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Saturday, January 14, 2012

Three Parallel Rivers of Yunnan Protected Areas

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Consisting of eight geographical clusters of protected areas within the boundaries of the Three Parallel Rivers National Park, in the mountainous north-west of Yunnan Province, the 1.7 million hectare site features sections of the upper reaches of three of the great rivers of Asia: the Yangtze (Jinsha), Mekong and Salween run roughly parallel, north to south, through steep gorges which, in places, are 3,000 m deep and are bordered by glaciated peaks more than 6,000 m high. The site is an epicentre of Chinese biodiversity. It is also one of the richest temperate regions of the world in terms of biodiversity.

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Three Parallel Rivers of Yunnan Protected Areas

Located in the mountainous north-west of Yunnan Province in China, the Three Parallel Rivers of Yunnan Protected Areas is a natural serial property consisting of 15 protected areas, grouped into eight clusters. The Property contains an outstanding diversity of landscapes, such as deep-incised river gorges, luxuriant forests, towering snow-clad mountains, glaciers, and alpine karst, reddish sandstone landforms (Danxia), lakes and meadows over vast vistas. The 1.7 million hectare site features sections of the upper reaches of three of the great rivers of Asia: the Yangtze (Jinsha), Mekong and Salween which run approximately parallel, north to south, through steep gorges which, in places, are 3,000 m deep and are bordered by glaciated peaks more than 6,000 m high. The property spans a large portion of the Hengduan Mountains, which is the major arc curving into Indochina from the eastern end of the Himalayas. Being located in the convergent regions of the three world's major biogeographic realms, the property is in an epicentre of Chinese biodiversity. It may also harbour the richest biodiversity among the temperate areas of the world.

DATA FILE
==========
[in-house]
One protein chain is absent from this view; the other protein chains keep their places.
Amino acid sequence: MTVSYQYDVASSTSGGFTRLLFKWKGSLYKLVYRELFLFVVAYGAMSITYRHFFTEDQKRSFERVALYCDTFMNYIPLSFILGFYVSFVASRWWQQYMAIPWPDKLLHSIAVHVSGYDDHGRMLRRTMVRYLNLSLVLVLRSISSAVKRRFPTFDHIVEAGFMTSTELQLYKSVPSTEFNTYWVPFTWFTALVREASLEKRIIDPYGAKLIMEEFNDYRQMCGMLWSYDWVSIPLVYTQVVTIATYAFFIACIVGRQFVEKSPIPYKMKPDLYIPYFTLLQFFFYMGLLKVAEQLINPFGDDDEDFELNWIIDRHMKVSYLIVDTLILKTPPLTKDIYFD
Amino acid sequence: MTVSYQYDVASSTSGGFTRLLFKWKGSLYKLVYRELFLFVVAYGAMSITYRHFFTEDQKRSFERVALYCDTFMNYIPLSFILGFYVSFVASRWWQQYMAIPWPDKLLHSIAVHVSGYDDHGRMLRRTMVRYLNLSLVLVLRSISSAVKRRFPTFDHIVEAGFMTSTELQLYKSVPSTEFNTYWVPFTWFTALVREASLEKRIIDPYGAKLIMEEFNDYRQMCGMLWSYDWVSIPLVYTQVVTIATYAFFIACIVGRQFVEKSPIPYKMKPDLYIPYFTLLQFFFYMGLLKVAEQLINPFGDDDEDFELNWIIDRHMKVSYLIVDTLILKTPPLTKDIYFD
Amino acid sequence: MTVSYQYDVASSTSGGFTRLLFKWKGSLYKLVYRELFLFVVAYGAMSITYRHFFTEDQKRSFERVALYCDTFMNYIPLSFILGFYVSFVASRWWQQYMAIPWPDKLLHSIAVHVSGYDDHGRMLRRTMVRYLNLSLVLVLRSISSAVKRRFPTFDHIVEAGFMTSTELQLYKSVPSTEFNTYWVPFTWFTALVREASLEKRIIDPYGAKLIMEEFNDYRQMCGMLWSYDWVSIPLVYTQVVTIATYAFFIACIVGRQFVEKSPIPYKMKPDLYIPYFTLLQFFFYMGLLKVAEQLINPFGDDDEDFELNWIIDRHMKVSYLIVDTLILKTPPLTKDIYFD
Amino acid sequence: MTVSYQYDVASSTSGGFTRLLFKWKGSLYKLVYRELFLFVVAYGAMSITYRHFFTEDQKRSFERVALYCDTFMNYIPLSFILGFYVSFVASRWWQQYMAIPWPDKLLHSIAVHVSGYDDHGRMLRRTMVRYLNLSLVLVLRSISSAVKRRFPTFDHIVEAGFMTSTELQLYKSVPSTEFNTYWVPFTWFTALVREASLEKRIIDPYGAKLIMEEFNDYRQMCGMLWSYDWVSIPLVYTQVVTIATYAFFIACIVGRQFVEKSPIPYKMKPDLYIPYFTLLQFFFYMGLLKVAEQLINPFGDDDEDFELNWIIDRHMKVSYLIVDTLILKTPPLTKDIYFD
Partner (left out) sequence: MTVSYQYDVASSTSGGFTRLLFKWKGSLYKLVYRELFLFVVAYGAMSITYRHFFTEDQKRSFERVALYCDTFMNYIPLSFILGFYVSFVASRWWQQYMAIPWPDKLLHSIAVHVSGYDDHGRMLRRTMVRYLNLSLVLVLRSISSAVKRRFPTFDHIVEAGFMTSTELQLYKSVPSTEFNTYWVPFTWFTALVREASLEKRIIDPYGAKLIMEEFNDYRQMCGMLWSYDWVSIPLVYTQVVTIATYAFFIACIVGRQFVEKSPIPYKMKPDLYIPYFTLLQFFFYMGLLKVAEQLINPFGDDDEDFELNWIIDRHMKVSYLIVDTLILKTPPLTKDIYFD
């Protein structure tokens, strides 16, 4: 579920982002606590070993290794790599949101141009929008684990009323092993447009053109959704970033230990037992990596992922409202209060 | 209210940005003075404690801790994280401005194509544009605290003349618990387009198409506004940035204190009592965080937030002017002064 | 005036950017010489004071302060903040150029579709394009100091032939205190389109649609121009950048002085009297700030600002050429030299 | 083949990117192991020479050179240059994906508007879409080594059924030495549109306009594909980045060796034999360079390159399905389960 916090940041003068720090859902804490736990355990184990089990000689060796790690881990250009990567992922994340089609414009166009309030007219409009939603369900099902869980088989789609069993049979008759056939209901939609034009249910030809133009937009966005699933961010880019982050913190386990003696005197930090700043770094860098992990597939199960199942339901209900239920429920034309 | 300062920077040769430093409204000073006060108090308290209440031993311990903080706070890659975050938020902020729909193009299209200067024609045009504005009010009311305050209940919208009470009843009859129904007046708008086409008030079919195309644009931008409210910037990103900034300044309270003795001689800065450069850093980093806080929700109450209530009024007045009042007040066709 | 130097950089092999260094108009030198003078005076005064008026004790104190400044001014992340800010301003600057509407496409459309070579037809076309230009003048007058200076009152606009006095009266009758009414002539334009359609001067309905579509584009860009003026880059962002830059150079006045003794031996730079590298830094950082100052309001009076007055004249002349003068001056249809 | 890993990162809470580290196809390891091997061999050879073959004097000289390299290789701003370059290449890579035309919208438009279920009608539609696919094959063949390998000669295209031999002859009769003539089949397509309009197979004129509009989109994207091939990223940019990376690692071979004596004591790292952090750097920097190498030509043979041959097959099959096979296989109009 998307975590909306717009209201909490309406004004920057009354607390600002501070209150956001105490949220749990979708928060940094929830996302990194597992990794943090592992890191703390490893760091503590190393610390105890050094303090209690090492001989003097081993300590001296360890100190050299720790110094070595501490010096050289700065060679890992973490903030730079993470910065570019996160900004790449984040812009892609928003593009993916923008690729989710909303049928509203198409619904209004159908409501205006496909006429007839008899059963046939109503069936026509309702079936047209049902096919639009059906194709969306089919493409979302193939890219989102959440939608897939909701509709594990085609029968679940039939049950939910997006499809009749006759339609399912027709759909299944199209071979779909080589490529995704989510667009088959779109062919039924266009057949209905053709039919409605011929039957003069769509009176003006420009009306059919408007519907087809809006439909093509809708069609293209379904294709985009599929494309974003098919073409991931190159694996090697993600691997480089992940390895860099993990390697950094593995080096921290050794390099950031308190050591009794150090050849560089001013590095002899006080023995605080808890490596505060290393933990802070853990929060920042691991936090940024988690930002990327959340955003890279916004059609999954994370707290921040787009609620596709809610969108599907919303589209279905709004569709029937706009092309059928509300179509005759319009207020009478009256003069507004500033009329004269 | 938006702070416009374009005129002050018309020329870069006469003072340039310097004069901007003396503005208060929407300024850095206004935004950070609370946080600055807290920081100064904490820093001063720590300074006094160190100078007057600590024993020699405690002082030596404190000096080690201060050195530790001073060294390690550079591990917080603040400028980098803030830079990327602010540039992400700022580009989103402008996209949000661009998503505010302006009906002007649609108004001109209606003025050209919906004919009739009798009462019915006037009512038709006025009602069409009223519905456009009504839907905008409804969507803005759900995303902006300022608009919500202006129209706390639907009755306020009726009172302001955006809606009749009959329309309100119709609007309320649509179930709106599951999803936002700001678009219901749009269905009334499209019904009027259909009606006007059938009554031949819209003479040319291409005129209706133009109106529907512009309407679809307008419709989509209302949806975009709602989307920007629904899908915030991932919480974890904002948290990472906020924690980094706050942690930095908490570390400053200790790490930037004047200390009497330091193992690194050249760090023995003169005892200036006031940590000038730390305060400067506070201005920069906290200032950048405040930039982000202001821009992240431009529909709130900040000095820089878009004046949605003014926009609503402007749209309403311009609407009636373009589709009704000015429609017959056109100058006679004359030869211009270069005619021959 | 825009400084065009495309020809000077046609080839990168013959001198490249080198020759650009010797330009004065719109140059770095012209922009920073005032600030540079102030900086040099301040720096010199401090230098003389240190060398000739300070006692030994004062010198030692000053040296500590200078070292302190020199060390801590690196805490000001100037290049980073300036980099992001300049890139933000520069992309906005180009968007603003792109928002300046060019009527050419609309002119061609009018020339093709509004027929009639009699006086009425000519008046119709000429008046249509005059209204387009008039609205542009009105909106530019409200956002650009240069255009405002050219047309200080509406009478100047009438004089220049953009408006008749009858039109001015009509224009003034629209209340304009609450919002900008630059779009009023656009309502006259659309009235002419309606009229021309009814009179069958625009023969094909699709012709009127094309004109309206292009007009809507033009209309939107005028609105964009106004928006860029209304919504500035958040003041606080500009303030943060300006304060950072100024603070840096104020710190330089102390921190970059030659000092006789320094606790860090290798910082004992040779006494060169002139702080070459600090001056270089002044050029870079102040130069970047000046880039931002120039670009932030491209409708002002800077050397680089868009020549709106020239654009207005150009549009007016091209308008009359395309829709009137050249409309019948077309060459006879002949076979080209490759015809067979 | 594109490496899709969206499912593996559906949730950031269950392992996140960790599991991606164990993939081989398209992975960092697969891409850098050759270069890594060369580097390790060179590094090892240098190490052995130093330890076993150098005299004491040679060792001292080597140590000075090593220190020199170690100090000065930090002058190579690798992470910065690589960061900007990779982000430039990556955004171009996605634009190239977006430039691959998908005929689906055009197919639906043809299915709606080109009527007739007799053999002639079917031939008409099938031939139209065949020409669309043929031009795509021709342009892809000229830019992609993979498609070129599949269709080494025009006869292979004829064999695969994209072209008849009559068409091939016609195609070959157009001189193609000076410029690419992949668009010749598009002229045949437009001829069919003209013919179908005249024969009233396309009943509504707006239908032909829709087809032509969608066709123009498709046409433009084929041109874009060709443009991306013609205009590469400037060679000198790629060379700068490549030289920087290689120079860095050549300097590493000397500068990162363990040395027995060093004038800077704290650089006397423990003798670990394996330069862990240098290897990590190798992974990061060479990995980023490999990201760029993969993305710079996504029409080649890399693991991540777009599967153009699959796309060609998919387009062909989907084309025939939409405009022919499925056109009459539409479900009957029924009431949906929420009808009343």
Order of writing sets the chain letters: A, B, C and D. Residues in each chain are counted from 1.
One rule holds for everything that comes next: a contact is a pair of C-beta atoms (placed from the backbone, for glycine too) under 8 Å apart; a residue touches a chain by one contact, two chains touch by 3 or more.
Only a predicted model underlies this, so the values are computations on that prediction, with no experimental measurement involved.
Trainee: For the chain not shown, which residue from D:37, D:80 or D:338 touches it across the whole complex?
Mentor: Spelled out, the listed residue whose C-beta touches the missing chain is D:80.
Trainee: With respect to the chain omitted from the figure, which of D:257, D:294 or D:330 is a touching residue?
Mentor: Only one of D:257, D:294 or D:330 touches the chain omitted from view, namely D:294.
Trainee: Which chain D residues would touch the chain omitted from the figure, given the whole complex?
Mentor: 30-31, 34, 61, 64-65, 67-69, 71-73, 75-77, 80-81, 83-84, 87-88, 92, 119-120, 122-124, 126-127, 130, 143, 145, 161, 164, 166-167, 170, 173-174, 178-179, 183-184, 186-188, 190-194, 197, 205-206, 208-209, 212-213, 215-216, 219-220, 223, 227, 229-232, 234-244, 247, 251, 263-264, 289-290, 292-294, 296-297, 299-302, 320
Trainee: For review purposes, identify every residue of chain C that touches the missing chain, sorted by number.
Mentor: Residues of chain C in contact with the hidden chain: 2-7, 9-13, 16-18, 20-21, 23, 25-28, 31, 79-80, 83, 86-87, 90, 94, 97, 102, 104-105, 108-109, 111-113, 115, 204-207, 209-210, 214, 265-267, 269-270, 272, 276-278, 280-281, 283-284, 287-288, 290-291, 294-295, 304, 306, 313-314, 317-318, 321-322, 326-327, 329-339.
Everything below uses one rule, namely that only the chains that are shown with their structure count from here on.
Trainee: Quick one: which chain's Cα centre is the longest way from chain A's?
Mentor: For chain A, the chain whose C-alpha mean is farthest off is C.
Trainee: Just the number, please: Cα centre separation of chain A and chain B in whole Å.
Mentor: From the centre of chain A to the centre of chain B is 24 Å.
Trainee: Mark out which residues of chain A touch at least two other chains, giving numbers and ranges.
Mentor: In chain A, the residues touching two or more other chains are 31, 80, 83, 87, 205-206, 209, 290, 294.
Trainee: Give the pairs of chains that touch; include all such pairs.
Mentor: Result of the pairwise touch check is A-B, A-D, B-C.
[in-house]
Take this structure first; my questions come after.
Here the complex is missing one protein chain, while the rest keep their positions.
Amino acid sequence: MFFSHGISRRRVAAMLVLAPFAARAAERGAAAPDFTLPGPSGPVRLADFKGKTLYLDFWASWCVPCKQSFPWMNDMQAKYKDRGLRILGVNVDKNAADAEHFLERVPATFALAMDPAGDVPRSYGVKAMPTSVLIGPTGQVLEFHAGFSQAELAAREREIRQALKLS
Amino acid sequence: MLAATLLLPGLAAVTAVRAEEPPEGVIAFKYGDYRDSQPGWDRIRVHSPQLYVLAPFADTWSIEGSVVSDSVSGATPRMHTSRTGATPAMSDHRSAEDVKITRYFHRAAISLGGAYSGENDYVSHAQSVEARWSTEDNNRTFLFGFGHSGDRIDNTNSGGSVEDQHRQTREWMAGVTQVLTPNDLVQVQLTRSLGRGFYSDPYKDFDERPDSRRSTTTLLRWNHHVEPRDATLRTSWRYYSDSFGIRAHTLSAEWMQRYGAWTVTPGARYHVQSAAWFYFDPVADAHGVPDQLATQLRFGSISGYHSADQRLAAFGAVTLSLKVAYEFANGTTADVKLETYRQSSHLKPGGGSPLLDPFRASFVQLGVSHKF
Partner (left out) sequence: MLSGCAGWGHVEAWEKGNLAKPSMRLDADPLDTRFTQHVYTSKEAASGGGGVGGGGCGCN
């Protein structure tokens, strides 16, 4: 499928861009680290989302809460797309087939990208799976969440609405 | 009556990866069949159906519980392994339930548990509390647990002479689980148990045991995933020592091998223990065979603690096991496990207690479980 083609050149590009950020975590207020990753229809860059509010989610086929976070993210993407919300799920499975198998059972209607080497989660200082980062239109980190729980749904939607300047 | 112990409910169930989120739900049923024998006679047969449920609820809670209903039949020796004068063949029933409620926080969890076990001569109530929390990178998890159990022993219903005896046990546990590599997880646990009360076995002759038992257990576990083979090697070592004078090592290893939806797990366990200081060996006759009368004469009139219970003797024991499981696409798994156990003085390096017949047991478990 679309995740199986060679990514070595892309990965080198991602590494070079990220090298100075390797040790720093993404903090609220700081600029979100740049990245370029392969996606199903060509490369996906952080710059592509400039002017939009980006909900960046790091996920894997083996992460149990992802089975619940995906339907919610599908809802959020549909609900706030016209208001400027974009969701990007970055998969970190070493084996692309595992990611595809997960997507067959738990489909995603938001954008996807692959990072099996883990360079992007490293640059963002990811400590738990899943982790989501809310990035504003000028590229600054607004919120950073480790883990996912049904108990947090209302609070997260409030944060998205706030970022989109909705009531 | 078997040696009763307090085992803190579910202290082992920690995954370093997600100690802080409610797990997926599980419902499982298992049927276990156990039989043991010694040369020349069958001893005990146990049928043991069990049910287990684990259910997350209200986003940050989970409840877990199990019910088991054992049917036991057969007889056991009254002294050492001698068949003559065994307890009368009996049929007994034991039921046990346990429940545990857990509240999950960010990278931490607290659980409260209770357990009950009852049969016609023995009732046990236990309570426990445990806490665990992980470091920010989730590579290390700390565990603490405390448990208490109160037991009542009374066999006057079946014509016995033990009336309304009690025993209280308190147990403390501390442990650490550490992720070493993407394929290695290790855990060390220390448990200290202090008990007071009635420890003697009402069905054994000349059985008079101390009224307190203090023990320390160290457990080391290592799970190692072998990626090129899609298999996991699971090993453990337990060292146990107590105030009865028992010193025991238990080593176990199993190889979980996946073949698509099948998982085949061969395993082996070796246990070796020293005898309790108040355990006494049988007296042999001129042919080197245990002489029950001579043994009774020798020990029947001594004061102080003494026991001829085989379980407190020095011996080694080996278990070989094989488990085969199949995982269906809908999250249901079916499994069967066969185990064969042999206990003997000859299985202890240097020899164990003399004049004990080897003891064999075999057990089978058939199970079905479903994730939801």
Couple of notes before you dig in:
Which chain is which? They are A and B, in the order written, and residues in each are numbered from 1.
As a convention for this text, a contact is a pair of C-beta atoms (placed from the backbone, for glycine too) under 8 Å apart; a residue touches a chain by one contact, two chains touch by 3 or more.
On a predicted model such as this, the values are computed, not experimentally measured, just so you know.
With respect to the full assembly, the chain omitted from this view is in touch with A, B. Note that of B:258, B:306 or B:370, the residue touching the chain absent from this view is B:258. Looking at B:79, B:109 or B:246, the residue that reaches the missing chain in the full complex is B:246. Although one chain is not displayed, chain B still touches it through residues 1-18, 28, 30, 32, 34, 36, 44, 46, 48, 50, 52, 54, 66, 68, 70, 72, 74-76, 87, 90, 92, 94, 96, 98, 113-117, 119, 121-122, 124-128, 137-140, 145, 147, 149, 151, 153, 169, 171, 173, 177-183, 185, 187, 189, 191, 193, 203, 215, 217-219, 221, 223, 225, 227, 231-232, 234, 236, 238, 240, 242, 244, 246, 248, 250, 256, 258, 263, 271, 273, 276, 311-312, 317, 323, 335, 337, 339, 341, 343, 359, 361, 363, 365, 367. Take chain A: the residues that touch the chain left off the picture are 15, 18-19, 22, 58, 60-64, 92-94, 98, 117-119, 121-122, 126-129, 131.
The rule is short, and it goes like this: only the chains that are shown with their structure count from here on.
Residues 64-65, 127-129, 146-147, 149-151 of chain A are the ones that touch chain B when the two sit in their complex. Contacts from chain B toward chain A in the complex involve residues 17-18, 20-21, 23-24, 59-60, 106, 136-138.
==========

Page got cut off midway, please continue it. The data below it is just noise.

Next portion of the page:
The property is of outstanding value for displaying the geological history of the last 50 million years associated with the collision of the Indian Plate with the Eurasian Plate, the closure of the ancient Tethys Sea, and the uplifting of the Himalaya Range and the Tibetan Plateau. These were major geological events in the evolution of the land surface of Asia and they are on-going. The diverse rock types within the property record this history and, in addition, the range of karst, granite monolith, and Danxia sandstone landforms in the alpine zone include some of the best of their type in the mountains of the world.

The dramatic expression of ecological processes in the Three Parallel Rivers property has resulted from a mix of geological, climatic and topographical effects. First, the location of the area within an active orographic belt has resulted in a wide range of rock substrates from igneous (four types) through to various sedimentary types including limestones, sandstones and conglomerates. An exceptional range of topographical features - from gorges to karst to glaciated peaks -- is associated with the property being at a "collision point" of tectonic plates. Add the fact that the area was a Pleistocene refugium and is located at a biogeographical convergence zone (i.e. with temperate and tropical elements) and the physical foundations for evolution of its high biodiversity are all present. Along with the landscape diversity with a steep gradient of almost 6000m vertical, a monsoon climate affects most of the area and provides another favourable ecological stimulus that has allowed the full range of temperate Palearctic biomes to develop.